The inner planets of the solar system are all relatively close to the sun. They are also all relatively similar to each other in size, mass, density and other physical properties. Unlike the outer planets, the inner planets are small, dense and warm.
The four inner planets of the solar system are, in order, Mercury, Venus, Earth and Mars. All four of these worlds are small compared with the four gas giants that are the outer planets, and they are relatively dense. The four inner planets are much closer to the sun than the outer planets, so they receive considerably more light and are consequently much warmer. None of the four inner planets have rings, while all four outer planets do.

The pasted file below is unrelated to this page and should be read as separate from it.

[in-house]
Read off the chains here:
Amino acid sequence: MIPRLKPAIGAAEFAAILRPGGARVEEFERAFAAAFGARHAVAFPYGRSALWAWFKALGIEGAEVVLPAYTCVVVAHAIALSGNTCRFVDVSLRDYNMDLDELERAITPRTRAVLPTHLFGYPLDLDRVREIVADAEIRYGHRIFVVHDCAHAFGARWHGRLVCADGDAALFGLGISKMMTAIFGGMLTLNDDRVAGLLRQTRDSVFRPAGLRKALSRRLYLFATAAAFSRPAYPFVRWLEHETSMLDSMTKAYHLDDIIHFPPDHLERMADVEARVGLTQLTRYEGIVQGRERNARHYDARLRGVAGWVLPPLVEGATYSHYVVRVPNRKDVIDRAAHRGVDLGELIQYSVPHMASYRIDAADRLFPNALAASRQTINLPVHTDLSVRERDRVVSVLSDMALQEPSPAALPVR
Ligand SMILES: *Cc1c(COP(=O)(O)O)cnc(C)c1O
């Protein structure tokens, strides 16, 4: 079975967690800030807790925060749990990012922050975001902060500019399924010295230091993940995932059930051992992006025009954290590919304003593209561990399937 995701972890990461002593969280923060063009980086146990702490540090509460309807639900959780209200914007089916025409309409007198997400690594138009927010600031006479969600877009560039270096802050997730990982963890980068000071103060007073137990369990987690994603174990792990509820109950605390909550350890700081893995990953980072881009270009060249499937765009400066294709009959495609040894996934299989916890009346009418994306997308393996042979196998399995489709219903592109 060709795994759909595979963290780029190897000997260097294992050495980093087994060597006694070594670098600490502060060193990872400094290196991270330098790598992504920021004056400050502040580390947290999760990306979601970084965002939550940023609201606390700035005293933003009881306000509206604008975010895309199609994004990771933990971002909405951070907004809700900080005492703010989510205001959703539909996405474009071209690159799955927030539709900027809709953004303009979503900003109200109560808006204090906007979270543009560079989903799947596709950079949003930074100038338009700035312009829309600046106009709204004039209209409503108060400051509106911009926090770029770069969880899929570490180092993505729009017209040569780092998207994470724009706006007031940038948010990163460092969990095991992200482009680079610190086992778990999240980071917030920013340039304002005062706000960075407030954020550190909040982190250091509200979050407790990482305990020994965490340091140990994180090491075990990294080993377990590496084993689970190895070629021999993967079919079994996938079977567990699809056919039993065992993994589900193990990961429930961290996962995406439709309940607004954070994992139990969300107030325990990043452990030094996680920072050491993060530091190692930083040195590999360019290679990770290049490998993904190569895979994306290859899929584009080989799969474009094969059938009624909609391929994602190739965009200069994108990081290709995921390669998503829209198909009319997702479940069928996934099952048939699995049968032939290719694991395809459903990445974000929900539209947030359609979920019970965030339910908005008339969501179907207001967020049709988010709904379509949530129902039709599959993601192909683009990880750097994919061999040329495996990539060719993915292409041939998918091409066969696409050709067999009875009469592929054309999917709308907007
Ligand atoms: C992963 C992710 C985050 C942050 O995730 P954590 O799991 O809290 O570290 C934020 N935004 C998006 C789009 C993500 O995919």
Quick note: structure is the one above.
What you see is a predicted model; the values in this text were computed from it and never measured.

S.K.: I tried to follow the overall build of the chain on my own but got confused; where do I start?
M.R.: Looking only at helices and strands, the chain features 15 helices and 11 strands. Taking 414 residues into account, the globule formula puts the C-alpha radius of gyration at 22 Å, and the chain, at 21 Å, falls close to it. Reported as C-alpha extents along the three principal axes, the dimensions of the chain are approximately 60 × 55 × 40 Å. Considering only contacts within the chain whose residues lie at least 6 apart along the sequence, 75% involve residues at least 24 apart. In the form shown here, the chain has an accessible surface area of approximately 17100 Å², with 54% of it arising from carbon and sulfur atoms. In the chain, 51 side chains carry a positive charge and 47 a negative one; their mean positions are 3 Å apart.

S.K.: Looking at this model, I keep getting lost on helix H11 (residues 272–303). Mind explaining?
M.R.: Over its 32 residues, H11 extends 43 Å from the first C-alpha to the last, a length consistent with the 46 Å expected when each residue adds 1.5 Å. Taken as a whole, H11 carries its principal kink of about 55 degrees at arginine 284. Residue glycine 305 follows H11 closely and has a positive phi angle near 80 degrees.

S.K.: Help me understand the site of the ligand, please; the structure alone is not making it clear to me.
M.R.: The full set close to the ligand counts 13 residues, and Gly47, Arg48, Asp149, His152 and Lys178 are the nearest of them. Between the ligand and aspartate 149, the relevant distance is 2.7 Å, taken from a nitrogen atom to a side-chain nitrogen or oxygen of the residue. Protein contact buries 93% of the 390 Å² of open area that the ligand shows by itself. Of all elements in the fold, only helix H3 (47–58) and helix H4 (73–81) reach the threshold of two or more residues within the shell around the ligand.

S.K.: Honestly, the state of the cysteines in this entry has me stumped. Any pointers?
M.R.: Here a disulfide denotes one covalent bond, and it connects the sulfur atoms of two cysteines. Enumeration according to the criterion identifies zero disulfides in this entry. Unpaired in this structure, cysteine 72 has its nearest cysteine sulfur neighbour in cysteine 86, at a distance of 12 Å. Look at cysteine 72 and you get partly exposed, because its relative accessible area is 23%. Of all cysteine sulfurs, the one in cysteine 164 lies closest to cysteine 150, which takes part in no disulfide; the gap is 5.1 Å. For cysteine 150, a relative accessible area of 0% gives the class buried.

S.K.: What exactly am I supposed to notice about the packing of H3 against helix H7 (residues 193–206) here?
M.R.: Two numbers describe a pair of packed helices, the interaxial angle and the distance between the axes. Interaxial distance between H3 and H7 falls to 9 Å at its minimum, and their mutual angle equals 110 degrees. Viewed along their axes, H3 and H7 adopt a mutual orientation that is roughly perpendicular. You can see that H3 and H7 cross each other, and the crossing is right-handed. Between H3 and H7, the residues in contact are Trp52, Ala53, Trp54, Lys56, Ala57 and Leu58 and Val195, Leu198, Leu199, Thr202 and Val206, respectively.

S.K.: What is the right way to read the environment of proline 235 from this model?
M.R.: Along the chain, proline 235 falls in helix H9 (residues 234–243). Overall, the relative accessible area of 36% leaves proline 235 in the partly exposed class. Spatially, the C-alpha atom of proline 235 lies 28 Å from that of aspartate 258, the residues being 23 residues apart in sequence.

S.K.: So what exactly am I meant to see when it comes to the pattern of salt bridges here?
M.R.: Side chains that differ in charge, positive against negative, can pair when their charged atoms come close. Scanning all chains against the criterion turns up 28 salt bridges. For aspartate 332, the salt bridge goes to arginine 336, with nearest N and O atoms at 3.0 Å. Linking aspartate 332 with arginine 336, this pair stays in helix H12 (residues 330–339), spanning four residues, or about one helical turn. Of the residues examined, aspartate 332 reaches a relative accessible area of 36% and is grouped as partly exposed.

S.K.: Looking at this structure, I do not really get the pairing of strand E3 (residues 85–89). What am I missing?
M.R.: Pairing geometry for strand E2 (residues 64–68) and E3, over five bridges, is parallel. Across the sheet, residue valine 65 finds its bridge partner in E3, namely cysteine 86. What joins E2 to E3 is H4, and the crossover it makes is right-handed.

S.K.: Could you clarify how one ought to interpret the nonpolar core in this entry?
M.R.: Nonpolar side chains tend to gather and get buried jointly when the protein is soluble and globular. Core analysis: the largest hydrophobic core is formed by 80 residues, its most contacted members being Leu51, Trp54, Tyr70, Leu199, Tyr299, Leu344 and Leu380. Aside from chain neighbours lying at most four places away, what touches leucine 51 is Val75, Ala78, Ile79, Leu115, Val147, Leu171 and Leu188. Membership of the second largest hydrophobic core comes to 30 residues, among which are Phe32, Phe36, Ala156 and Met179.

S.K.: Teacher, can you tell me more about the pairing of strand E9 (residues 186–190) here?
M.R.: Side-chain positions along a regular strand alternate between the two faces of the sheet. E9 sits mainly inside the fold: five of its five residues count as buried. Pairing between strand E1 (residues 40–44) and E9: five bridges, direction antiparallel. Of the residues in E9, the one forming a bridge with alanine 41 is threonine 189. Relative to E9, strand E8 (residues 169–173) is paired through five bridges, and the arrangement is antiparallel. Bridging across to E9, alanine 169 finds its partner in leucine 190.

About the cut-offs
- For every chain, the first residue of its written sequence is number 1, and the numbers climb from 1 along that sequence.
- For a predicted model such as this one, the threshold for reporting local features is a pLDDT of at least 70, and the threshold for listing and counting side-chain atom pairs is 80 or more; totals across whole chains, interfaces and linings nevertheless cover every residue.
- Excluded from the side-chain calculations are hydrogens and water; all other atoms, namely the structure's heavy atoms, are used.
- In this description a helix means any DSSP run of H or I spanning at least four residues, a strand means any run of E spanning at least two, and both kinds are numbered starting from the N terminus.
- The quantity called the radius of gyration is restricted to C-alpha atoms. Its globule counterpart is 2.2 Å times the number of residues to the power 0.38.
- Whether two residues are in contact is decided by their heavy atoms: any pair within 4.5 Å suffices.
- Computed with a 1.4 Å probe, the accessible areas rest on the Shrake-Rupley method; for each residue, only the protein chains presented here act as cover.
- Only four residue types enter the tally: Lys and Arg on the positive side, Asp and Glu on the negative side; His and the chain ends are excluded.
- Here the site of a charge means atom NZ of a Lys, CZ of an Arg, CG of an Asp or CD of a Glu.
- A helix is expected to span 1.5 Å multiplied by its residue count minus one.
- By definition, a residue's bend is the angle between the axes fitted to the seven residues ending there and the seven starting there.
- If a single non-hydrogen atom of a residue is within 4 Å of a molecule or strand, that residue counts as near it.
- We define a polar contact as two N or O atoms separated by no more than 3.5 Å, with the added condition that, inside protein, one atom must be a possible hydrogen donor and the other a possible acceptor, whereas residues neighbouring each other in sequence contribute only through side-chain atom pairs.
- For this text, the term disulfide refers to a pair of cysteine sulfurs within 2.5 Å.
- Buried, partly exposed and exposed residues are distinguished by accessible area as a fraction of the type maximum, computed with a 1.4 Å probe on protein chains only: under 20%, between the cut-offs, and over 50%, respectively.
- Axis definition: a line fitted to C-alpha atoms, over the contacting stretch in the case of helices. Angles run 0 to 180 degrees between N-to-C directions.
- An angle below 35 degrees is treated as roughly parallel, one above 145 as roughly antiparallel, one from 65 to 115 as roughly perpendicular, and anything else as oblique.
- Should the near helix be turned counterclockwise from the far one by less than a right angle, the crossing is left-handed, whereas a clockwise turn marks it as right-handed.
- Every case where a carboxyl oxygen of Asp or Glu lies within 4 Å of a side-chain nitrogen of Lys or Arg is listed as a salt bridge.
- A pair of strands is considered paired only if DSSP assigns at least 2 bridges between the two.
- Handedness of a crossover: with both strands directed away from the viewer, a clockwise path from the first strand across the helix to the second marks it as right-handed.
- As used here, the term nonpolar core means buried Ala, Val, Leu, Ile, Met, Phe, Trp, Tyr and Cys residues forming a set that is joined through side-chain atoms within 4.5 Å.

In contrast to the gas planets, the four terrestrial planets all have thin, tenuous atmospheres. Planetary atmospheres can be either reducing, which means dominated by hydrogen, or oxidizing. The inner planets have oxidizing atmospheres, as the solar wind long ago blew the light hydrogen gas away from their surfaces. Their thin atmospheres and close proximity to the sun give the inner planets wide temperature ranges. Unlike Jupiter, which maintains a fairly stable temperature from the daytime side of the planet to the night, the terrestrial planets are significantly colder on their night sides than on the hemispheres facing the sun.